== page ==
5 Phases Of The Project Management Lifecycle
Last Updated October 10, 2023
The amount of planning and work required to complete a project can seem overwhelming. There may be dozens or even hundreds of tasks that need to be completed at just the right time and in just the right sequence. Project managers often find it easier to manage the full scope of a project by breaking it down into five project phases that make up the project management life cycle.
Dividing your efforts into these five project management phases can help give them structure and simplify them into a series of logical and manageable steps.
Phase 1: Project Management Initiation
The first phase of the project management life cycle is project initiation. This is where the project’s value and feasibility are measured. Project managers typically use two evaluation tools to decide whether or not to pursue a project:
- Business Case Document – This document justifies the need for the project, and it includes an estimate of potential financial benefits.
- Feasibility Study – This is an evaluation of the project’s goals, timeline and costs to determine if the project should be executed. It balances the requirements of the project with available resources to see if pursuing the project makes sense.
Teams abandon proposed projects that are labeled unprofitable and/or unfeasible. However, projects that pass these two tests can be assigned to a project team or designated project office.
Phase 2: Project Management Planning
Once the project receives the green light, project managers need a solid project plan to guide their team, execute the project on time, and stay within the budget. A well-written project plan gives guidance for obtaining resources, acquiring financing, and procuring required materials. The project plan gives the team direction for producing quality outputs, handling risk, creating acceptance, communicating benefits to stakeholders, and managing suppliers.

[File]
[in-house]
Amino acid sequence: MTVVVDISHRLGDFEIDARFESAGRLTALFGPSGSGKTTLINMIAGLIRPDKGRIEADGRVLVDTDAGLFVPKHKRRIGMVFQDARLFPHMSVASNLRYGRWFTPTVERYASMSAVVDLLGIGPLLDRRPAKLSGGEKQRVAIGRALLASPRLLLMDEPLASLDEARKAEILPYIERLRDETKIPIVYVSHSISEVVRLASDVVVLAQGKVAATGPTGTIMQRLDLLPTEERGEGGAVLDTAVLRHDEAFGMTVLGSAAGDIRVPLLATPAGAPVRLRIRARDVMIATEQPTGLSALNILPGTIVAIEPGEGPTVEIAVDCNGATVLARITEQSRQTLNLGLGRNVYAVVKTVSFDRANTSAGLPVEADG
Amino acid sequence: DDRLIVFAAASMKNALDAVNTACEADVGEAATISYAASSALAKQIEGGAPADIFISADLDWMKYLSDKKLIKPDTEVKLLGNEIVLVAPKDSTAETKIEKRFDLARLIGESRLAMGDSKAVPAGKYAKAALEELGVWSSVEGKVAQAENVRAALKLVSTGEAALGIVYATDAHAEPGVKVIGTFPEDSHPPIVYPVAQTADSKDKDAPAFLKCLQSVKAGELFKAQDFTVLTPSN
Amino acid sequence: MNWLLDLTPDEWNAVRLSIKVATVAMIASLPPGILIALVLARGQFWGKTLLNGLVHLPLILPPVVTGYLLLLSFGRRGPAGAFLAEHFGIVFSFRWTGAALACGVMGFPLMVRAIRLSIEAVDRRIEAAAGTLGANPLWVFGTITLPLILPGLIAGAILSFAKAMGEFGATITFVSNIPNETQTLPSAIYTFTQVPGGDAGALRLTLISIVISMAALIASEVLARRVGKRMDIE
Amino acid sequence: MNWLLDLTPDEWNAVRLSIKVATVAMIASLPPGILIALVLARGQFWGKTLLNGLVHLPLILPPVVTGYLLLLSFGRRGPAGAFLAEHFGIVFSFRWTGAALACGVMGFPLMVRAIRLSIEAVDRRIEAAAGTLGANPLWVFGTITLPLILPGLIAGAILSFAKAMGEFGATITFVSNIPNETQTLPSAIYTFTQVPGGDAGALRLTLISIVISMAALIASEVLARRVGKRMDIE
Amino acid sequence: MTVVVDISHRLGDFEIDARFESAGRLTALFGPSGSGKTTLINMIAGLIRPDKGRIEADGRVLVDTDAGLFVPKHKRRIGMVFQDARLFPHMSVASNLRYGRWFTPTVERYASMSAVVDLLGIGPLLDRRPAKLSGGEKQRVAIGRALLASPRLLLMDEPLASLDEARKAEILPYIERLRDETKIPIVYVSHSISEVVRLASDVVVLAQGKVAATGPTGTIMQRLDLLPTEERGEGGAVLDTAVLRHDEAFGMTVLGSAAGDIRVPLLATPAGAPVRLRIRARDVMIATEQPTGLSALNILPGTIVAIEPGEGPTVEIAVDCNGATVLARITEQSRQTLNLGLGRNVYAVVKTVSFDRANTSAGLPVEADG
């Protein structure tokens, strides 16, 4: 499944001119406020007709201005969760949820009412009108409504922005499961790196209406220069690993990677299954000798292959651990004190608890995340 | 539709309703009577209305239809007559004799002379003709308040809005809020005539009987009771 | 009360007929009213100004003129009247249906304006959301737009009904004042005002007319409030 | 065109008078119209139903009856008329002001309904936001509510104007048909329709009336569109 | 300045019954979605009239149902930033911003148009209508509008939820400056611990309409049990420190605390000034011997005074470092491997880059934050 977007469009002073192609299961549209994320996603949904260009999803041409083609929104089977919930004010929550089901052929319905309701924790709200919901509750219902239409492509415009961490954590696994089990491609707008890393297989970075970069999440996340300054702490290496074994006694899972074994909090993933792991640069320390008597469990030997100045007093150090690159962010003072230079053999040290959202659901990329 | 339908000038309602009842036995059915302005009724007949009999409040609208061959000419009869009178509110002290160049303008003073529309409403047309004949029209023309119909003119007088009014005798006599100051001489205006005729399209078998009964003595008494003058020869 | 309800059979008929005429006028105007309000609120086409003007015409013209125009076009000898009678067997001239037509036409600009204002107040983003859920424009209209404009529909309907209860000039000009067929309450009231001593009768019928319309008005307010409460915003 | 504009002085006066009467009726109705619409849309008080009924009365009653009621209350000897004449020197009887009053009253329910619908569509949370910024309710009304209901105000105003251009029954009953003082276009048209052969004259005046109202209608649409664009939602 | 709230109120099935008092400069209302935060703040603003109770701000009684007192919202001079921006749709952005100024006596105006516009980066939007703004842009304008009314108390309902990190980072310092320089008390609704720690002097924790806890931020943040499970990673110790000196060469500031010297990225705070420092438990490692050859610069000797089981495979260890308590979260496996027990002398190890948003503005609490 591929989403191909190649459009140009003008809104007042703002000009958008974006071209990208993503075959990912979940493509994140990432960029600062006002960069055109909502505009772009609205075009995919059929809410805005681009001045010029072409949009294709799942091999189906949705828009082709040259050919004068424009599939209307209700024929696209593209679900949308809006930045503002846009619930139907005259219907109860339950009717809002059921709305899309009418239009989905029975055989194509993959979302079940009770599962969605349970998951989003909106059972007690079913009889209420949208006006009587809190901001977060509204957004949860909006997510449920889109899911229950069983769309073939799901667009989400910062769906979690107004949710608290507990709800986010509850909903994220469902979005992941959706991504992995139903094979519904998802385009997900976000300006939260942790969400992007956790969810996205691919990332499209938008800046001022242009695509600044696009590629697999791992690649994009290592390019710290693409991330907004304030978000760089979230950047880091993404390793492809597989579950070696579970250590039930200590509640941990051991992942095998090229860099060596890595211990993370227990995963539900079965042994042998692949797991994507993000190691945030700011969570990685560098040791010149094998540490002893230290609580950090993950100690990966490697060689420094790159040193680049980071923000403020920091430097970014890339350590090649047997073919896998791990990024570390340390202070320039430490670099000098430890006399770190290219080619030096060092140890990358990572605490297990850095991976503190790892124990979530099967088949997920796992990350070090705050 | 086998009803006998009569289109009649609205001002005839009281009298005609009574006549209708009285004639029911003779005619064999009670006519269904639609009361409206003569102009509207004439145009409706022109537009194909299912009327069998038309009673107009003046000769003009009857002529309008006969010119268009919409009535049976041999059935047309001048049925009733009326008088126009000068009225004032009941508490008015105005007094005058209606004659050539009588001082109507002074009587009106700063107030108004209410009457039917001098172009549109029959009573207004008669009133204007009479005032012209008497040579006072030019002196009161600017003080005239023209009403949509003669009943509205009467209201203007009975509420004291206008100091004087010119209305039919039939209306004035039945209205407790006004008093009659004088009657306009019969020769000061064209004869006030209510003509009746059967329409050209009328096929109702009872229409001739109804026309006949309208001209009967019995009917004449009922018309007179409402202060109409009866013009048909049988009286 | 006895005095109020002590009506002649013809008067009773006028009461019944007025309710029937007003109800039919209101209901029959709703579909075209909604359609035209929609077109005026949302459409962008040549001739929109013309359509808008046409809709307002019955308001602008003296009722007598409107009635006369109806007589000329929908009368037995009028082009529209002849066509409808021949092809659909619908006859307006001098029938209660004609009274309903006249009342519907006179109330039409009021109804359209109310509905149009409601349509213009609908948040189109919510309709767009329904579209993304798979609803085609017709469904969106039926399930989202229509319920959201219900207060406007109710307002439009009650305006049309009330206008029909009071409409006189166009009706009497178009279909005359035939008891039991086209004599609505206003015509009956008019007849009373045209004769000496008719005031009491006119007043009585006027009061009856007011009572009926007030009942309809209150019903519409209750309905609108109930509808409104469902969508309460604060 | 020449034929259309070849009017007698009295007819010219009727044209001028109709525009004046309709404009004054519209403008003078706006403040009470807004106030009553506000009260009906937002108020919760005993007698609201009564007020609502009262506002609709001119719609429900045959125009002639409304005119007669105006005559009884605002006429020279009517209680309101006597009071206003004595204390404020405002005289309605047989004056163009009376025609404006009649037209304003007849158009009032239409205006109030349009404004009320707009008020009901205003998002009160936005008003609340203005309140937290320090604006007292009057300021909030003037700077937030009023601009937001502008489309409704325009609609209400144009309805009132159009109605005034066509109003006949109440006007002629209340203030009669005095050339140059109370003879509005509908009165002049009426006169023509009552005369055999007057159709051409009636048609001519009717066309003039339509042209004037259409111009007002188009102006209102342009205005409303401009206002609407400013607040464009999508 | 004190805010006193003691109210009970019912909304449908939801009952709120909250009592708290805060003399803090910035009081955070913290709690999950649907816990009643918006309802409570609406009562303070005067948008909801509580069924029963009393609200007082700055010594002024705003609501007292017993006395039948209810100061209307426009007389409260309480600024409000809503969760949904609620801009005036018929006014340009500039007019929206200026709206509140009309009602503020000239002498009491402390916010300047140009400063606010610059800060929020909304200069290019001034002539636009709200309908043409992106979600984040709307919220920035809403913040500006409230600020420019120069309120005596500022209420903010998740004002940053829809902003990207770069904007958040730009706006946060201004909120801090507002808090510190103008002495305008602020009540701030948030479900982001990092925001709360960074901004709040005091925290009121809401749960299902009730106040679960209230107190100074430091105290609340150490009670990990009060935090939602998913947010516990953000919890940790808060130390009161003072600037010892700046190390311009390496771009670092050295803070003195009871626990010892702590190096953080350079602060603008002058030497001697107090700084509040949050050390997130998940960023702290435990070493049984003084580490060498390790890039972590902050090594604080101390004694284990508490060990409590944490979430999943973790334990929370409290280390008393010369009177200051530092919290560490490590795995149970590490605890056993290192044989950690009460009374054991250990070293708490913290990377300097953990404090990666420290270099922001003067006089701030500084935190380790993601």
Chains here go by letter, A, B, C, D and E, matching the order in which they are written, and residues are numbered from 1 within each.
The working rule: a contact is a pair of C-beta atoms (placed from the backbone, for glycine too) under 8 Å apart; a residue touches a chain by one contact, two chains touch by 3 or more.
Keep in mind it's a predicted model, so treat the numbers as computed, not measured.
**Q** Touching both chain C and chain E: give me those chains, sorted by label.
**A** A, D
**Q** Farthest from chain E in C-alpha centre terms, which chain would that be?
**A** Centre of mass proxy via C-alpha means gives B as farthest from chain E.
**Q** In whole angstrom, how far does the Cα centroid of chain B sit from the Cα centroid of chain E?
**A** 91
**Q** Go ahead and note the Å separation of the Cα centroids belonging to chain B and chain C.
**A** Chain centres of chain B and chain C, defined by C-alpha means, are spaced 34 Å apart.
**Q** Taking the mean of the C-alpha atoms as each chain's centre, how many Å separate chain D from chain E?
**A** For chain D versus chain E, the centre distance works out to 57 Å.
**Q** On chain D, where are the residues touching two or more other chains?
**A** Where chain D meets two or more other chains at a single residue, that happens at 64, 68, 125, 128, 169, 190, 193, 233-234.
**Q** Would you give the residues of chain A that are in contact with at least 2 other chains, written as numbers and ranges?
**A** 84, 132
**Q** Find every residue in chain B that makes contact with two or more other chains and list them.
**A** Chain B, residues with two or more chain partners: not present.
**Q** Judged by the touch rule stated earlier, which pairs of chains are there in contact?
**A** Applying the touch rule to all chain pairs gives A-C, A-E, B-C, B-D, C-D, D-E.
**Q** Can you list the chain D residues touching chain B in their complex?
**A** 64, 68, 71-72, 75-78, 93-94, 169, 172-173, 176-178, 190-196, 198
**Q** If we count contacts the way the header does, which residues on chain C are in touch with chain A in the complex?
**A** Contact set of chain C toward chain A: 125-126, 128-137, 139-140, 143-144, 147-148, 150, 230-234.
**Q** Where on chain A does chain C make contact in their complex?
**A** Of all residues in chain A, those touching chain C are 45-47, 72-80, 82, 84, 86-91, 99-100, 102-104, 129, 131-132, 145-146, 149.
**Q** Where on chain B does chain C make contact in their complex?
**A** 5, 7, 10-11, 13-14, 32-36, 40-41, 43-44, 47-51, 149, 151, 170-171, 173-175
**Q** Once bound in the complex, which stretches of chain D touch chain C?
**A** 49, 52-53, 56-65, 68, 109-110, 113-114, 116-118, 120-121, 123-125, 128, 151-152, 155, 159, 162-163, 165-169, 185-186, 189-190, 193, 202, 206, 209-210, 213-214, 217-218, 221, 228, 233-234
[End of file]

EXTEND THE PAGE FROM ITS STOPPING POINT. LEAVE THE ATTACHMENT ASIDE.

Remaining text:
The project plan also prepares teams for the obstacles they might encounter over the course of the project and helps them understand the cost, scope, and timeframe of the project.
Phase 3: Project Manage Execution
This is the phase that is most commonly associated with project management. Execution is all about building deliverables that satisfy the customer. Team leaders make this happen by allocating resources and keeping team members focused on their assigned tasks.
Execution relies heavily on the planning phase. The work and efforts of the team during the execution phase are derived from the project plan.
Phase 4: Project Monitoring and Control
Monitoring and control are sometimes combined with execution because they often occur at the same time. As teams execute their project plan, they must constantly monitor their own progress.
To guarantee delivery of what was promised, teams must monitor tasks to prevent scope creep, calculate key performance indicators, and track variations from allotted cost and time. This constant vigilance helps keep the project moving ahead smoothly.
Phase 5: Project Management Closure
Teams close a project when they deliver the finished project to the customer, communicating completion to stakeholders and releasing resources to other projects. This vital step in the project management life cycle allows the team to evaluate and document the project and move on to the next one, using previous project mistakes and successes to build stronger processes and more successful teams.
Although project management may seem overwhelming at times, breaking it down into these five distinct project phases can help your team manage even the most complex projects by using time and resources more wisely.